Geophysical Research Letters is a semi-monthly peer reviewed scientific journal published by the American Geophysical Union that was established in 1974. The editor-in-chief is Eric Calais (Purdue University). The stated purpose of Geophysical Research Letters is rapid publication of conscise research reports that may significantly influence one or more American Geophysical Union disciplines. These particular geoscience disciplines are atmospheric sciences, solid earth, space sciences, ocean sciences, hydrology, land surface processes, and the cryosphere. GRL also publishes twelve invited reviews that cover advances achieved during the past two or three years. The target readership is the earth science community, the broader scientific community, and the general public. This journal is indexed in the following databases: According to the Journal Citation Reports, the journal has a 2010 impact factor of 3.505, ranking it 12th out of 165 journals in the category "Geosciences, Multidisciplinary". Geophysical Research Letters was also the 5th most cited publication on climate change between 1999 and 2009.
Tornadoes occurring earlier in 'Tornado Alley'
Peak tornado activity in the central and southern Great Plains of the United States is occurring up to two weeks earlier than it did half a century ago, according to a new study whose findings could help states in "Tornado ...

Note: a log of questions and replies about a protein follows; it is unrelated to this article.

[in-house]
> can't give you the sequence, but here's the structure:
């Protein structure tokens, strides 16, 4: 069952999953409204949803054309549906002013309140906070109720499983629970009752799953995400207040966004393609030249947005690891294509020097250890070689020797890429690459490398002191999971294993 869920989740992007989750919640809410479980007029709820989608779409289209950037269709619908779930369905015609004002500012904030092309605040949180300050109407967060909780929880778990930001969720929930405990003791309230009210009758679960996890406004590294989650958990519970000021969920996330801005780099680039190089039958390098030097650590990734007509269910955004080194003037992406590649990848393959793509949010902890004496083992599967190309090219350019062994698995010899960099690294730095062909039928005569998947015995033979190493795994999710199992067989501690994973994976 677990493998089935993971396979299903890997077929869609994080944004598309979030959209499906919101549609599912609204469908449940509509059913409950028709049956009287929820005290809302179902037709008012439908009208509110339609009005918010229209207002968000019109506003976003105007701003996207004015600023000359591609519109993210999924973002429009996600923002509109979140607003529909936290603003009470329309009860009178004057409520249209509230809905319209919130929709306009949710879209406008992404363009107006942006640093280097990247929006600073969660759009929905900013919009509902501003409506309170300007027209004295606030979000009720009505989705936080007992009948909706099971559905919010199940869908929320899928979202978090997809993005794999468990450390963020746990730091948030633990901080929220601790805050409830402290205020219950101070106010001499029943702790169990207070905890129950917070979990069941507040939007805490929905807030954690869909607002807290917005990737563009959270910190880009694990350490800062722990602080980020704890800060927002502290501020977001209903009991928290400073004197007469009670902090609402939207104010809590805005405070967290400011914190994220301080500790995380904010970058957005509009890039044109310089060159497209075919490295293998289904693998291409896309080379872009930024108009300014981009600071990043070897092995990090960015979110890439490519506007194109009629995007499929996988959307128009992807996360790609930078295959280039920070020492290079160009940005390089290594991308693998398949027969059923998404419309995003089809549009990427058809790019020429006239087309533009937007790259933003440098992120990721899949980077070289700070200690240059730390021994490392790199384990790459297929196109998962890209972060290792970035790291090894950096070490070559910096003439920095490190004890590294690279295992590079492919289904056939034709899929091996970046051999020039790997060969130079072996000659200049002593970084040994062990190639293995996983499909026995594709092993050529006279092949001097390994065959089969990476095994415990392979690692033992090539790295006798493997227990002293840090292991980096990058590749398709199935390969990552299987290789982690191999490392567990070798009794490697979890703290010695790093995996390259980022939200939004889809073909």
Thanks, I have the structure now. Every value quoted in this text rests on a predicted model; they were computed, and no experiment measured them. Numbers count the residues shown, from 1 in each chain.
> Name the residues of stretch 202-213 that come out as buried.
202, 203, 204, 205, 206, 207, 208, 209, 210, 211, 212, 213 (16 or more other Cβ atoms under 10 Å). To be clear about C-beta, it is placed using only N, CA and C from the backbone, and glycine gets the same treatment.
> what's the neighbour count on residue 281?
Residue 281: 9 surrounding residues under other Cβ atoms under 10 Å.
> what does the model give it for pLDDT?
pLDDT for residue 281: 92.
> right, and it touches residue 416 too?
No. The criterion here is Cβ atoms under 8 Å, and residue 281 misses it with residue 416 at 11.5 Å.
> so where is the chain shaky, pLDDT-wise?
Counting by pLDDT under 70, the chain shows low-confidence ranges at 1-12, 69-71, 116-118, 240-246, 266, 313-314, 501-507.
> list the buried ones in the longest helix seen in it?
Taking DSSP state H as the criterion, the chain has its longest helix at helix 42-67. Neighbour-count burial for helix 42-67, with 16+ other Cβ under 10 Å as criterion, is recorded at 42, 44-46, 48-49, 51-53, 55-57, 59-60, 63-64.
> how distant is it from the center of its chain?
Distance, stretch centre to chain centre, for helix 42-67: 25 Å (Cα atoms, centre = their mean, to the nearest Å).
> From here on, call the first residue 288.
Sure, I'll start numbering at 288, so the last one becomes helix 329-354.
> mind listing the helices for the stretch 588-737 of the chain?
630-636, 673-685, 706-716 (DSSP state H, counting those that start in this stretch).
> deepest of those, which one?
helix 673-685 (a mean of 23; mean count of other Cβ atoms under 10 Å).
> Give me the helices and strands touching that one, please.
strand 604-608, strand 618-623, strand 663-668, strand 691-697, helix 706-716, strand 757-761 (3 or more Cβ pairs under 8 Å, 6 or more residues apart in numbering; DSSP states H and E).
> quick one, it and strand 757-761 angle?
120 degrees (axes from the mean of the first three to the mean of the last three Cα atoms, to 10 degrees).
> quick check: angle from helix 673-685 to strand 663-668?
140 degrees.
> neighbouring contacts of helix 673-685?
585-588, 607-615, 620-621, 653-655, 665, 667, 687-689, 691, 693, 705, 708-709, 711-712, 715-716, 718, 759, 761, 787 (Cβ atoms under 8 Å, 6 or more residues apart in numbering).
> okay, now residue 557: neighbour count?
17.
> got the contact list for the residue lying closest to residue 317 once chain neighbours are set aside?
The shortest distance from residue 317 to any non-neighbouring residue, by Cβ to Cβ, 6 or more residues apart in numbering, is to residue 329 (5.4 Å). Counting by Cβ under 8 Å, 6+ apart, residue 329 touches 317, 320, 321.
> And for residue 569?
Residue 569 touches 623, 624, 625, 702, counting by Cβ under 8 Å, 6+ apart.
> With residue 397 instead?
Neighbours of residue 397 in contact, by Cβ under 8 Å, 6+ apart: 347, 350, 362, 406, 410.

'Shocking' underground water loss in US drought
A major drought across the western United States has sapped underground water resources, posing a greater threat to the water supply than previously understood, scientists said Thursday.
Global warming 'pause' since 1998 reflects natural fluctuation, study concludes
Statistical analysis of average global temperatures between 1998 and 2013 shows that the slowdown in global warming during this period is consistent with natural variations in temperature, according to research by McGill ...
Huge waves measured for first time in Arctic Ocean
As the climate warms and sea ice retreats, the North is changing. An ice-covered expanse now has a season of increasingly open water which is predicted to extend across the whole Arctic Ocean before the middle of this century. ...
Two dynamos drive Jupiter's magnetic field
(Phys.org) —Superlatives are the trademark of the planet Jupiter. The magnetic field at the top edge of the cloud surrounding the largest member of the solar system is around ten times stronger than Earth's, and is by far ...
Study faults a 'runaway' mechanism in intermediate-depth earthquakes
Nearly 25 percent of earthquakes occur more than 50 kilometers below the Earth's surface, when one tectonic plate slides below another, in a region called the lithosphere. Scientists have thought that these rumblings from ...
Changing Antarctic winds create new sea level threat
New research shows projected changes in the winds circling the Antarctic may accelerate global sea level rise significantly more than previously estimated.
Trade winds ventilate the tropical oceans
Long-term observations indicate that the oxygen minimum zones in the tropical oceans have expanded in recent decades. The reason is still unknown. Now scientists at the GEOMAR Helmholtz Centre for Ocean Research Kiel and ...
Mercury's magnetic field tells scientists how its interior is different from Earth's
Earth and Mercury are both rocky planets with iron cores, but Mercury's interior differs from Earth's in a way that explains why the planet has such a bizarre magnetic field, UCLA planetary physicists and colleagues report.
Blackpool earth tremors during 'fracking' induced on ancient fault
New research has demonstrated that the 2011 Blackpool earth tremors during 'fracking' were induced on an ancient pre-existing fault.